Launching the simulation is quite simple, so as customizing it. However, some actions should be performed before running the scripts, such as building the NMPC controller.

$ cd ~
$ mkdir -p autosim_nmpc
$ git clone -b nmpc_panoc https://github.com/vittoriocataffo/A-Nonlinear-Model-Predictive-Control-Strategy-for-Autonomous-Racing-of-Scale-Vehicles.git
$ cd PANOC_DYNAMIC_MOTOR_MODEL
$ python3 all_wheel_drive_PANOC_DINAMYC_motor_model.py
$ cd ../OBS_PANOC_DYNAMIC_MOTOR_MODEL
$ python3 OBS_all_wheel_drive_PANOC_DINAMYC_motor_model.py

Note. The OBS_main_loop_DYNAMIC_motor.py and main_loop_DYNAMIC_motor.py Python scripts are not fundamental for the bulding process of the Nonlinear Model Predictive (NMPC) controller. They are only meant to test the NMPC out of the F1/10 simulator after the building phase. To do that, in OBS_main_loop_DYNAMIC_motor.py and main_loop_DYNAMIC_motor.py edit the path provided as argument to the function sys.path.insert.

The result will be a folder entitled dynamic_my_optimizer containing the build of the NMPC. To make everything work, it is fundamental to correct link the generated file with the scripts running of controller running along with the simulation. Therefore, att the end of the building process, you need to follow the instruction reported at terminal line. In other words,

  1. Edit the path provided as argument to the function sys.path.insert in the files entitled OBS_all_wheel_drive_NEW_MOTOR_PANOC_my_mpc_node_DYNAMIC.py and all_wheel_drive_NEW_MOTOR_PANOC_my_mpc_node_DYNAMIC.py contained in the autosim_ws/src/simulator/scripts folder. This will connect the built NMPC controller with the scripts running the simulation.

  2. Import the maps of the scenarios contained in the Map_track1, Map_track2 and Map_track3 folders. To do that, you need to edit the path of the function csv_file = np.genfromtxt with that where the autosim_nmpc folder is located.

  3. Finally, you need to edit the path provided as argument of the function f = open. This can be located everywhere on your machine. This will contain the csv files saved by running the Gazebo simulation. In case you are going to save the files in a folder, do not forget to create the folder (mkdir -p path/NAME_FOLDER) before adding to the Python script.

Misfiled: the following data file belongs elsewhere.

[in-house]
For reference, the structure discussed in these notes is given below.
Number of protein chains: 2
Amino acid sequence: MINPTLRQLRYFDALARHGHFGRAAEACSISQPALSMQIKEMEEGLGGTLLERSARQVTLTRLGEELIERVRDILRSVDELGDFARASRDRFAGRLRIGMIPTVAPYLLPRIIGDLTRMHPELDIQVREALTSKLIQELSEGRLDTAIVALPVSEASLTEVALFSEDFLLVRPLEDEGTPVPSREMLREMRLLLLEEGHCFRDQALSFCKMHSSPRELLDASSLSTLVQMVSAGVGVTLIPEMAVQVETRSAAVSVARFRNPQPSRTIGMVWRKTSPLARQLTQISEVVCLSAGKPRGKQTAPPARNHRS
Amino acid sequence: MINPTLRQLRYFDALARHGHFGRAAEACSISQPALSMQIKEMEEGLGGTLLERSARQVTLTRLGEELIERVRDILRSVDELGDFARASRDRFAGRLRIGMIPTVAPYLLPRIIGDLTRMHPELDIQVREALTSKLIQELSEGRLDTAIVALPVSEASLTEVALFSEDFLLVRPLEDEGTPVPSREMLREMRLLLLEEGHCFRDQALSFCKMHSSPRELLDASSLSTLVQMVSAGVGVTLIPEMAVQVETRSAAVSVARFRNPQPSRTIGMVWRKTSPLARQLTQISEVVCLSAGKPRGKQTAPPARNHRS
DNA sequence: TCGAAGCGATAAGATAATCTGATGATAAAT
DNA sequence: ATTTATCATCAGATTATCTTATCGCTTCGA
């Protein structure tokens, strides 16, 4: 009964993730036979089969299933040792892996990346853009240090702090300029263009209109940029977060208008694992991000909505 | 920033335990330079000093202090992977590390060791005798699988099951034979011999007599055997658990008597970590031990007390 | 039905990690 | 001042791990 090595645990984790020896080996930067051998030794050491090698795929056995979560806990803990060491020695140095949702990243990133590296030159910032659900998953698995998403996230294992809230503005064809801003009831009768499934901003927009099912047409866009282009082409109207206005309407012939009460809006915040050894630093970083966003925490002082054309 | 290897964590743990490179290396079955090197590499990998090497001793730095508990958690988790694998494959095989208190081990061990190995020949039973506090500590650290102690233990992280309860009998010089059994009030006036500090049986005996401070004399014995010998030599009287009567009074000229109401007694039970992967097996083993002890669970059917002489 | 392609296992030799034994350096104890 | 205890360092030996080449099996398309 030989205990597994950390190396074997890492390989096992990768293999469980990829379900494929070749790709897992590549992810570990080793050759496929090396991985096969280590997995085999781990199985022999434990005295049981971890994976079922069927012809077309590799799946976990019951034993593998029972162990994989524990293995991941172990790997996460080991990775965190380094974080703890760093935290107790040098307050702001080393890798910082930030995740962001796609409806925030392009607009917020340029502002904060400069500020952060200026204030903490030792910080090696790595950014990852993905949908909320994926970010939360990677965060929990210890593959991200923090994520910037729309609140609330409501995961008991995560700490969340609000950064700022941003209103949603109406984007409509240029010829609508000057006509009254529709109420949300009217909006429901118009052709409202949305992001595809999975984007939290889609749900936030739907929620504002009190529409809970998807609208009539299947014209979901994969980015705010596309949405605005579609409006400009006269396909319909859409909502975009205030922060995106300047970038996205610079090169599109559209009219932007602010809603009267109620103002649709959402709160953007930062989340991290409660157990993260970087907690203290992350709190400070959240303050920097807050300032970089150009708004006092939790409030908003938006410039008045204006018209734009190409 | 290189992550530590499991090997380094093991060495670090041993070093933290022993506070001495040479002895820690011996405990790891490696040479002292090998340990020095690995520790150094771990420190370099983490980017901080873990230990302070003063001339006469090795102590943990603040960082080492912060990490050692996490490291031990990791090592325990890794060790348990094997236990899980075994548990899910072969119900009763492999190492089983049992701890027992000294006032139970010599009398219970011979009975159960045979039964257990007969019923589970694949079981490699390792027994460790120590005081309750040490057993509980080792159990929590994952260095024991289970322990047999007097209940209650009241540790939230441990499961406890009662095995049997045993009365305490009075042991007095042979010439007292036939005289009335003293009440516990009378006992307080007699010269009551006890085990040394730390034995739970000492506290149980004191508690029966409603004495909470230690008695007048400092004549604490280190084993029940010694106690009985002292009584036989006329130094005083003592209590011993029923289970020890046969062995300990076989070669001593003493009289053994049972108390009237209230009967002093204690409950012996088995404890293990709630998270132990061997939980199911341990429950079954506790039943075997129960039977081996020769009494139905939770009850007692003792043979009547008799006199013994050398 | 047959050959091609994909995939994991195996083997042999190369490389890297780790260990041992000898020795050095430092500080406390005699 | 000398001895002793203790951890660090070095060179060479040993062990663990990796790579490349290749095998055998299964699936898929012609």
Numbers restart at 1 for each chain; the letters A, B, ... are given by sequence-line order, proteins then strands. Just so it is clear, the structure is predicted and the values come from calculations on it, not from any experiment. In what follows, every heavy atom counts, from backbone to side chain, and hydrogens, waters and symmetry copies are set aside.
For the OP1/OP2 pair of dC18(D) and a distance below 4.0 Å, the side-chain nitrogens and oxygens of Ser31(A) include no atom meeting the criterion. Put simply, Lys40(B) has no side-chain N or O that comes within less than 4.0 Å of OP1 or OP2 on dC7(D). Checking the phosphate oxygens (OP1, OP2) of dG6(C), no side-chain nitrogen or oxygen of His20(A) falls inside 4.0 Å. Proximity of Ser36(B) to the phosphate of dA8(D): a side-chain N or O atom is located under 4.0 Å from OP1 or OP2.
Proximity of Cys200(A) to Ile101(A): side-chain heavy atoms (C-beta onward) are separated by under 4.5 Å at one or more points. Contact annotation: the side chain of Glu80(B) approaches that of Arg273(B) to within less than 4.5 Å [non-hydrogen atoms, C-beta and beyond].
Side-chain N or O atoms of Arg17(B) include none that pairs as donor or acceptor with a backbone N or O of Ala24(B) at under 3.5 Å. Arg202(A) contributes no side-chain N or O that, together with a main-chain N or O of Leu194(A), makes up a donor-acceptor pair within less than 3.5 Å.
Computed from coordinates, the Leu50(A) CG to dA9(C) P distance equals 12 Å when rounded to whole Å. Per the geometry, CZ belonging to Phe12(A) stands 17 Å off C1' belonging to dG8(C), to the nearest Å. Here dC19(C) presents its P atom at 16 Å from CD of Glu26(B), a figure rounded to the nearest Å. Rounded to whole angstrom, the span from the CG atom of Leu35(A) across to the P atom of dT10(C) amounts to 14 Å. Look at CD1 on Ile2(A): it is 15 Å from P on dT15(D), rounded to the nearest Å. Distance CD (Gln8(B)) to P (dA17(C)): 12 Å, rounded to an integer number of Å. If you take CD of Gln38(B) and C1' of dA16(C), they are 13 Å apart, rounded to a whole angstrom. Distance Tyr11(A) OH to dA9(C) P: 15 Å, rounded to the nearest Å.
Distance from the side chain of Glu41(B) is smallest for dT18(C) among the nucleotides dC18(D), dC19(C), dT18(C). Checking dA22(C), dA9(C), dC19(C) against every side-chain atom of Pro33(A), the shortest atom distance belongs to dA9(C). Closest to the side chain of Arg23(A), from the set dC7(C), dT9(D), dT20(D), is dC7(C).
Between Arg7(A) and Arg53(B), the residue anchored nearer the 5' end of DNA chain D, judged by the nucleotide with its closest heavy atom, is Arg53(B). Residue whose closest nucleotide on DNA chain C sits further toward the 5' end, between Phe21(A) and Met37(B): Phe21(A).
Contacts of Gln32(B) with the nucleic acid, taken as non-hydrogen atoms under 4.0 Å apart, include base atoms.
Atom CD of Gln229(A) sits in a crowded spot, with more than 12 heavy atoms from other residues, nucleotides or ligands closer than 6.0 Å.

Note. In case you should get back with the error ERROR: cannot launch node of type [f1tenth-sim/set_racecar_state.py]: Cannot locate node of type [set_racecar_state.py] in package [f1tenth-sim]. Make sure file exists in package path and permission is set to executable (chmod +x), you need to give the right permissions to the Python scripts by runnin the command

$ cd ~/autosim_ws/src/simulator/src 
$ chmod +x set_racecar_state.py

Note. A nice feature to have before running the simulation is to replace the standard Gazebo texture for the asphalt with that provided along with the repository. To do that, in case of Ubuntu 20.04 with Gazebo 11, simply execute the commands

$ cd ~/autosim/gazebo
$ sudo cp road1.jpg /usr/share/gazebo-11/media/materials/textures

while in case of Ubuntu 18.04 with Gazebo 9

$ cd ~/autosim/gazebo
$ sudo cp road1.jpg /usr/share/gazebo-9/media/materials/textures

Now, you can run in a terminal the command:

$ roslaunch f1tenth-sim NEW_track_3.master

and in a seperate terminal window

$ rosrun f1tenth-sim all_wheel_drive_NEW_MOTOR_PANOC_my_mpc_node_DYNAMIC.py

To run a simulation considering obstacles placed along the track:

$ roslaunch f1tenth-sim NEW_track_3_OBS.master

and in a separate terminal window

$ rosrun f1tenth-sim OBS_all_wheel_drive_NEW_MOTOR_PANOC_my_mpc_node_DYNAMIC.py

You may decide to modify the parameters used by the controller to simulate the vehicle dynamics within the time horizon. Below is a legend with the available Python scripts and the parameters used.

  • NEW_MOTOR_PANOC_my_mpc_node_DYNAMIC.py It considers the model parameters as described in the paper.
  • NEW_MOTOR_PANOC_my_mpc_node_DYNAMIC_OBS.py It considers the model parameters as described in the paper.
  • all_wheel_drive_NEW_MOTOR_PANOC_my_mpc_node_DYNAMIC.py It considers the identified model parameters as described in the paper.
  • OBS_all_wheel_drive_NEW_MOTOR_PANOC_my_mpc_node_DYNAMIC.py. It considers the identified model parameters as described in the paper.

Bugs & Feature Requests

Please report bugs and request features by using the Issue Tracker. Furthermore, please see the Contributing.md file if you plan to help us to improve the repository's features.

YouTube videos

In this section a video providing the effectiveness of the platform and how it works is reported. Further videos can be found in the related YouTube channel. Have fun! :)

NMPC strategy for Autonomous Racing of Scale Vehicles

NMPC strategy for Autonomous Racing of Scale Vehicles